Flair Airlines has filed a $50-million lawsuit against several plane-leasing companies over the "unlawful" seizure of four of its aircraft over the weekend.
The filings in Ontario Superior Court state that a trio of leasing firms found a better deal for the Boeing 737 Maxes with a third party and then "set Flair up" for default, amounting to an illegal termination of leases.
"The seizures were orchestrated in a bad faith and malicious manner that inflicted the maximum possible harm on Flair, including by interfering with its passenger relationships and trust," the statement of claim reads.
"The lessors sent agents to seize the aircraft in the middle of the night as passengers were boarding planes for spring break vacations."
Flair said it received no notice, precluding the discount carrier from alerting or rebooking customers. The agents arrived at airports in Toronto, Edmonton and Waterloo, Ont., at 3 a.m. EDT to confiscate the registration certificates and technical logs on board — the aviation equivalent of taking the car keys — the company said.
None of the allegations in Flair’s lawsuit have been tested in court.
The suit in the Ontario Superior Court of Justice is the latest blow in a back-and-forth fight between the discount carrier and its lessors, with leasing management company Airborne Capital stating this week that Flair "regularly" missed payments over the past five months, resulting in the plane seizures.
Airborne Capital — one of five defendants — has said the payment arrears reached millions of dollars, and that it was in regular contact with Flair's representatives about its obligations.
"Terminating an aircraft lease is always a last resort, and such a decision is never taken lightly. In this case, following numerous notices to Flair, it again failed to make payments when due and Airborne took steps to terminate the leasing of the aircraft," the company said in a statement Tuesday.
Plane leases are an increasingly hot commodity amid supply bottlenecks and soaring travel demand, but Airborne Capital said it expects "material losses" linked to the repossession and remarketing of the aircraft.
Airborne did not immediately respond to requests for comment about the lawsuit on Wednesday.
Flair found itself down by more than a fifth of its 19-plane fleet after the aircraft were taken out of operation Saturday, forcing the airline to cancel multiple flights. It scrambled to backfill the repossessed jets with three other jetliners waiting in the wings, and to open a new lease on a fourth.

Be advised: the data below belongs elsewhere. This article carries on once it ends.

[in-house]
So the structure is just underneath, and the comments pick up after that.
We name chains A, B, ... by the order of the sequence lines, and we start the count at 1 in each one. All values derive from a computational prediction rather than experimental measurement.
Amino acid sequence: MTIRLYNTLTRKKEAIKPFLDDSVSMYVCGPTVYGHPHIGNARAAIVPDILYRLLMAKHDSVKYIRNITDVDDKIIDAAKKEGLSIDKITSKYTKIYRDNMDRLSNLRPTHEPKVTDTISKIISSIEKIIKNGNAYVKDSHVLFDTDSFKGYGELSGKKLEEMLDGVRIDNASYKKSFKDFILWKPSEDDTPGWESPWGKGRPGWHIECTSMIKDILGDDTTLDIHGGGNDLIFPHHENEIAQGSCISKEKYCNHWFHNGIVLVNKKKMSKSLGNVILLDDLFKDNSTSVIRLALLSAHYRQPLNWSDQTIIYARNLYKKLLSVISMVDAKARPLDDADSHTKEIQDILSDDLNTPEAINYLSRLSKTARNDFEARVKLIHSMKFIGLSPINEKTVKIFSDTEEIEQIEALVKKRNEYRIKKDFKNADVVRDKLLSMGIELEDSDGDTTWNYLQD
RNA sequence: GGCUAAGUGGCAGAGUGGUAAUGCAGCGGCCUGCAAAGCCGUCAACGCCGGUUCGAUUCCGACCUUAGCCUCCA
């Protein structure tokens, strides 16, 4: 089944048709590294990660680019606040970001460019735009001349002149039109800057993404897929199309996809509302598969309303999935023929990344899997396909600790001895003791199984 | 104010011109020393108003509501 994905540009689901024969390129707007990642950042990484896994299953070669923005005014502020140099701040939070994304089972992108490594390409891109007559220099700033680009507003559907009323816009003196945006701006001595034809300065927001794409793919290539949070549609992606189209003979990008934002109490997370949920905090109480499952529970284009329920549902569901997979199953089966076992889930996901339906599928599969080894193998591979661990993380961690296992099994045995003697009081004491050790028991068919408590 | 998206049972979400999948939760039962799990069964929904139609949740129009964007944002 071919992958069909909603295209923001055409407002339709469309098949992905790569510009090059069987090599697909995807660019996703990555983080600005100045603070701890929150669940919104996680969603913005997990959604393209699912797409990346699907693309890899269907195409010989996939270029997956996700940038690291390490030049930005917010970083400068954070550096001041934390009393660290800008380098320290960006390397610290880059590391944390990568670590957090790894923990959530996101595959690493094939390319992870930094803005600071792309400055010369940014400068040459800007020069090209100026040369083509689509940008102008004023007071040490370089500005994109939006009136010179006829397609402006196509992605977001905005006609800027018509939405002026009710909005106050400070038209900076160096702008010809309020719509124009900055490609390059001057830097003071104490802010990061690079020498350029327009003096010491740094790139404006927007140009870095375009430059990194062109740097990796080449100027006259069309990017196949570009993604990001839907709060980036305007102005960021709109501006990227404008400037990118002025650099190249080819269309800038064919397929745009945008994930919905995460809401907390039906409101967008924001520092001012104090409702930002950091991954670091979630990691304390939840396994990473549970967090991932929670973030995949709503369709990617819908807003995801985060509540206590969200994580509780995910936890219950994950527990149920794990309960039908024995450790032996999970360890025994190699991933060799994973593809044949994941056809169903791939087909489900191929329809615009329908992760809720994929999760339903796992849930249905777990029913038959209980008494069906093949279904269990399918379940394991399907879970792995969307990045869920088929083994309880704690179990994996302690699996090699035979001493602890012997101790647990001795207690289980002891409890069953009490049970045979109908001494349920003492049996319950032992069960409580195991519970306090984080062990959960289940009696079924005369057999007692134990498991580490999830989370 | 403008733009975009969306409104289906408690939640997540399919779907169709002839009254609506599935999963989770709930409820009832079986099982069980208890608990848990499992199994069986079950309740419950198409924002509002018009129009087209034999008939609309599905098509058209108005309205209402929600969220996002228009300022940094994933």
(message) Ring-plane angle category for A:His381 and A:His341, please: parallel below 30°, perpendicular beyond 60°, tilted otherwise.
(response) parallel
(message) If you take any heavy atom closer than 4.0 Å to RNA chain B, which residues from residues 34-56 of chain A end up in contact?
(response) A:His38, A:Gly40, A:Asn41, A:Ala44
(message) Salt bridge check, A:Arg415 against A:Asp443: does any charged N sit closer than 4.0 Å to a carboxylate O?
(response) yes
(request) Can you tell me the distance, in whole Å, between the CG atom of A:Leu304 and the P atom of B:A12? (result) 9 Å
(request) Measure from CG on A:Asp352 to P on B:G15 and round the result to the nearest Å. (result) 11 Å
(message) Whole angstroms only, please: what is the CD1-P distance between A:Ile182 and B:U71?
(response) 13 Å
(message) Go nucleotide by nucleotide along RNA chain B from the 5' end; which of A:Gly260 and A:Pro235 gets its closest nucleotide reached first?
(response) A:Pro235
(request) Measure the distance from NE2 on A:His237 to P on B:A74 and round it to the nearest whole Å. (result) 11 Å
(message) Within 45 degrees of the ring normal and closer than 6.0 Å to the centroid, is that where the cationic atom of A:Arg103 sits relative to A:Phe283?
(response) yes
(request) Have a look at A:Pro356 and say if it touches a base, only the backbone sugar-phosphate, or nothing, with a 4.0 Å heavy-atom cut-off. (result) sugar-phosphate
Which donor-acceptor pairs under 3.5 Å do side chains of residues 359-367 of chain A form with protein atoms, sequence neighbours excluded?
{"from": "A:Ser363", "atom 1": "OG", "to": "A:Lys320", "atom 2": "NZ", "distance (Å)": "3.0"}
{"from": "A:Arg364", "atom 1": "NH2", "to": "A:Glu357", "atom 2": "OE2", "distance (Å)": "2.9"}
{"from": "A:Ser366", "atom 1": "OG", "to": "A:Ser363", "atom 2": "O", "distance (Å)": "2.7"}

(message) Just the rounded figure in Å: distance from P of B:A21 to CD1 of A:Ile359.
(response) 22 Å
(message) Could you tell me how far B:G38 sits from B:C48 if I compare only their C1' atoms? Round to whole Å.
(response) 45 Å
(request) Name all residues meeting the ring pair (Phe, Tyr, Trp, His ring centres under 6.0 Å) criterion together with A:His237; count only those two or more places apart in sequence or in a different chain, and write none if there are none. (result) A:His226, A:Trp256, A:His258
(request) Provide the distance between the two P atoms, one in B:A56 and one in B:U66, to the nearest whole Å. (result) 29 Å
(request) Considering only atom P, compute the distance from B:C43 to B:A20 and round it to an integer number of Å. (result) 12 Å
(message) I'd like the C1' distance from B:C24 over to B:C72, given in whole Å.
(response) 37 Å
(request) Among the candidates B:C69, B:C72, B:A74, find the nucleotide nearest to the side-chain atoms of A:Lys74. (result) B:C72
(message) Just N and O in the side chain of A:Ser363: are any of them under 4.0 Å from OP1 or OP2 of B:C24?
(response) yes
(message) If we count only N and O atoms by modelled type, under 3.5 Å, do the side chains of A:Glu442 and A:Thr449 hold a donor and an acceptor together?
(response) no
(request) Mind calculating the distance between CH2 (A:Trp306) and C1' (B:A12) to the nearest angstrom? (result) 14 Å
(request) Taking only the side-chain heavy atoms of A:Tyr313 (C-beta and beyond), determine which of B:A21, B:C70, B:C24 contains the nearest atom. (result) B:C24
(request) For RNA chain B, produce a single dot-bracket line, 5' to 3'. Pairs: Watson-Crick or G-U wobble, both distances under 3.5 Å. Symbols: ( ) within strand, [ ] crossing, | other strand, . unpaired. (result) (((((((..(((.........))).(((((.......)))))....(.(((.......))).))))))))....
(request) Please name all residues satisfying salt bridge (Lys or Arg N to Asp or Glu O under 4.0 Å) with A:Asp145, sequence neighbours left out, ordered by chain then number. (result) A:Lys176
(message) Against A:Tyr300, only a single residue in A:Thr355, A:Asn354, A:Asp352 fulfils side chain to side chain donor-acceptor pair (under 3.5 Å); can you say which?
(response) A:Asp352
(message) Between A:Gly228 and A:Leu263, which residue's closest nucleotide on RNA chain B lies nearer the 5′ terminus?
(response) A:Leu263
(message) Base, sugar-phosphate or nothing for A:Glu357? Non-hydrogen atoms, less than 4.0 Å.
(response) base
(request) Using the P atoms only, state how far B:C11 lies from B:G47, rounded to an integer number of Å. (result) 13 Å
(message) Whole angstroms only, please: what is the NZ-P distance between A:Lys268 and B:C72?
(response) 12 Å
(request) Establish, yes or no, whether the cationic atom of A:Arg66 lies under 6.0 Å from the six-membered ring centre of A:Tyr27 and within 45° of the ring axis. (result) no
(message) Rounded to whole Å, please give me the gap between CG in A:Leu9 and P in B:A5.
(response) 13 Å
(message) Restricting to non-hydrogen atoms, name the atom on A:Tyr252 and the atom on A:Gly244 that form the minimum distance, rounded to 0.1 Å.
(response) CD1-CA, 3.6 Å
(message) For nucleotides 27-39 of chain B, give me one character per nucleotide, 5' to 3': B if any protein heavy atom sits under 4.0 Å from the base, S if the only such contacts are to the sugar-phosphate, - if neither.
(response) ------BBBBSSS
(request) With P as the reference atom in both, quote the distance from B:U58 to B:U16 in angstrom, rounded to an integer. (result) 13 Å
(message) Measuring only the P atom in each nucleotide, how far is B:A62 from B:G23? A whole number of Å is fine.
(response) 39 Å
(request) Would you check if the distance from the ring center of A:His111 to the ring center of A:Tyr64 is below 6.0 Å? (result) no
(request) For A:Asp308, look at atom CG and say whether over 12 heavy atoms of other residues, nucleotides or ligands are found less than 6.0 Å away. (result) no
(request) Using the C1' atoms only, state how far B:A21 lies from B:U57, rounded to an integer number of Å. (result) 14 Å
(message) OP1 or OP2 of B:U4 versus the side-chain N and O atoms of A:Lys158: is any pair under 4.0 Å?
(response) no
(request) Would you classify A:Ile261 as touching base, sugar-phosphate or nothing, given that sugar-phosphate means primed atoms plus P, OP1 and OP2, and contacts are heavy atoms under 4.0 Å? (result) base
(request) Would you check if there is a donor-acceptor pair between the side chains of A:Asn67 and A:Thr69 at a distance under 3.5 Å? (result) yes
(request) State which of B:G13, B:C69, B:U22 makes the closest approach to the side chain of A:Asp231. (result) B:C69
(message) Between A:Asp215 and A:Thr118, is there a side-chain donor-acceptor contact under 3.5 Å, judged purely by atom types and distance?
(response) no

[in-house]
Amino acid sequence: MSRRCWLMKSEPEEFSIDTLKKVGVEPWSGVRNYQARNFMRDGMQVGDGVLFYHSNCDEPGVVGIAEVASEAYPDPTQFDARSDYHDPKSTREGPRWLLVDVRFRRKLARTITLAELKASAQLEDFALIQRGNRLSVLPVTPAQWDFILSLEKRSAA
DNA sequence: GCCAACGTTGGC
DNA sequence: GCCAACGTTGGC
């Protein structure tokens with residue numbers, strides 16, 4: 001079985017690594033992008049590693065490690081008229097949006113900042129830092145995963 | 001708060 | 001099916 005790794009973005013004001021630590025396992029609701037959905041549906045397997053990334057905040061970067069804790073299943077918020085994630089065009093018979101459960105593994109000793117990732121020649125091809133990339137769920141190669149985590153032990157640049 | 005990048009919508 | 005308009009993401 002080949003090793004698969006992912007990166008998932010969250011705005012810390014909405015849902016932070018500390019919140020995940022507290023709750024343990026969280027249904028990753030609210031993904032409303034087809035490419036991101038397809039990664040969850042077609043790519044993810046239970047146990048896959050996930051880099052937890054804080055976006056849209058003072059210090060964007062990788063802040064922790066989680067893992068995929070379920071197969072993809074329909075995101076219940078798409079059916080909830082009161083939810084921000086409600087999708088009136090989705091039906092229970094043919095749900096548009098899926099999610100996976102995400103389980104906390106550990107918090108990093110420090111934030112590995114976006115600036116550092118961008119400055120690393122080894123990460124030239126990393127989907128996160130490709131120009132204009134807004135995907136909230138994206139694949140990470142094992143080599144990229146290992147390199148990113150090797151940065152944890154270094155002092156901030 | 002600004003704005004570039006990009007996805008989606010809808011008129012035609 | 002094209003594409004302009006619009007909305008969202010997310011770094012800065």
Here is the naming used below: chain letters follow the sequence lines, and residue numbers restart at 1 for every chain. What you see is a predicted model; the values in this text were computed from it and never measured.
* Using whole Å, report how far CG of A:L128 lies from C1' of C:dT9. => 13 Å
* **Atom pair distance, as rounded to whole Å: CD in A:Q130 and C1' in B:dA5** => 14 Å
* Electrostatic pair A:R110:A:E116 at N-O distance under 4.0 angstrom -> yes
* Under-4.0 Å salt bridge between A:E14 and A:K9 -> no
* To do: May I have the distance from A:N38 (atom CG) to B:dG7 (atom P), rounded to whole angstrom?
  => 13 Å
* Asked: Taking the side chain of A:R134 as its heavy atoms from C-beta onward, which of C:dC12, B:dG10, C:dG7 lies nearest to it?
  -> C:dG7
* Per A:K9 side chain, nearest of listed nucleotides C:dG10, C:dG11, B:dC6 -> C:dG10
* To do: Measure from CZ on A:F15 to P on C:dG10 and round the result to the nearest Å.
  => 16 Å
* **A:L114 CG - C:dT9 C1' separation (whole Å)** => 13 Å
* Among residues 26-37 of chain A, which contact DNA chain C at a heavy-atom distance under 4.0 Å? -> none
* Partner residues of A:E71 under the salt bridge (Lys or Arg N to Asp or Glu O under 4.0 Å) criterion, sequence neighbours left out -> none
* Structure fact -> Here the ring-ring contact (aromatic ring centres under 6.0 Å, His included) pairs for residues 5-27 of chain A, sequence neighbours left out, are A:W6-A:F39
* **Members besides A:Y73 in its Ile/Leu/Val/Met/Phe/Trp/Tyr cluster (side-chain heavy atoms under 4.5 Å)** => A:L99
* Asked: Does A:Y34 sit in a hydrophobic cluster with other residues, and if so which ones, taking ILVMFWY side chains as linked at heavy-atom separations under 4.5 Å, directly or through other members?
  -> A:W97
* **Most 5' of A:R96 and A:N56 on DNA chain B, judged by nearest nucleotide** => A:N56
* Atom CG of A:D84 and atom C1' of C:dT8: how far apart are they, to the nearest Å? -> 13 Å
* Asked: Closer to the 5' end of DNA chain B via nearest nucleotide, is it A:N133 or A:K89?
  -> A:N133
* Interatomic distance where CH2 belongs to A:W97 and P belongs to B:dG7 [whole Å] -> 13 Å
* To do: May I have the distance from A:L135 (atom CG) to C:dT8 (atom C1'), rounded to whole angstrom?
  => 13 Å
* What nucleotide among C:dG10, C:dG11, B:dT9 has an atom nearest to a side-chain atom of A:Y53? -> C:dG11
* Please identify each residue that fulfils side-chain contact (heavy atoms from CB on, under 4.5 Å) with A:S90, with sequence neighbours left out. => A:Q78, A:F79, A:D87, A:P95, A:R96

Flair CEO Stephen Jones has said the disruptions could mean fewer aircraft and a slimmed-down schedule this summer.
The airline claims the lessors — Columba Lights Aviation Ltd., Corvus Lights Aviation Ltd., and MAM Aircraft Leasing 4, all based in Ireland — carried out the seizures despite having made no objection to an arrangement put forward by Flair last Friday to initiate payment earlier this week.
Claiming substantial damages, Flair further says Airborne Capital "misled" the carrier and that another Dublin-based company agreed to a deal to buy or lease the aircraft. On those grounds, Flair has alleged breach of contract, fraudulent misrepresentation and "conspiracy."
In February or early March, the defendants "secretly co-ordinated and agreed to sell or lease" the planes to a company Flair has dubbed ABC Corp., the Edmonton-based airline alleges. "The identity of ABC Corp. is known to the defendants, but is not known to Flair as at the time this statement of claim was issued."
Adding to Flair's woes Wednesday was an announcement from the Ottawa International Airport Authority that it revoked the operating license of the ground-handling company contracted by both Flair and Sunwing Airlines for baggage loading and plane marshalling. The licence termination is effective 30 days after the notice was issued to Scotland-based Menzies Aviation on Monday.
Flair said in a statement that the action would have no impact on operations.
Menzies did not immediately reply to requests for comment Wednesday.
This report by The Canadian Press was first published March 15, 2023.
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Christopher Reynolds, The Canadian Press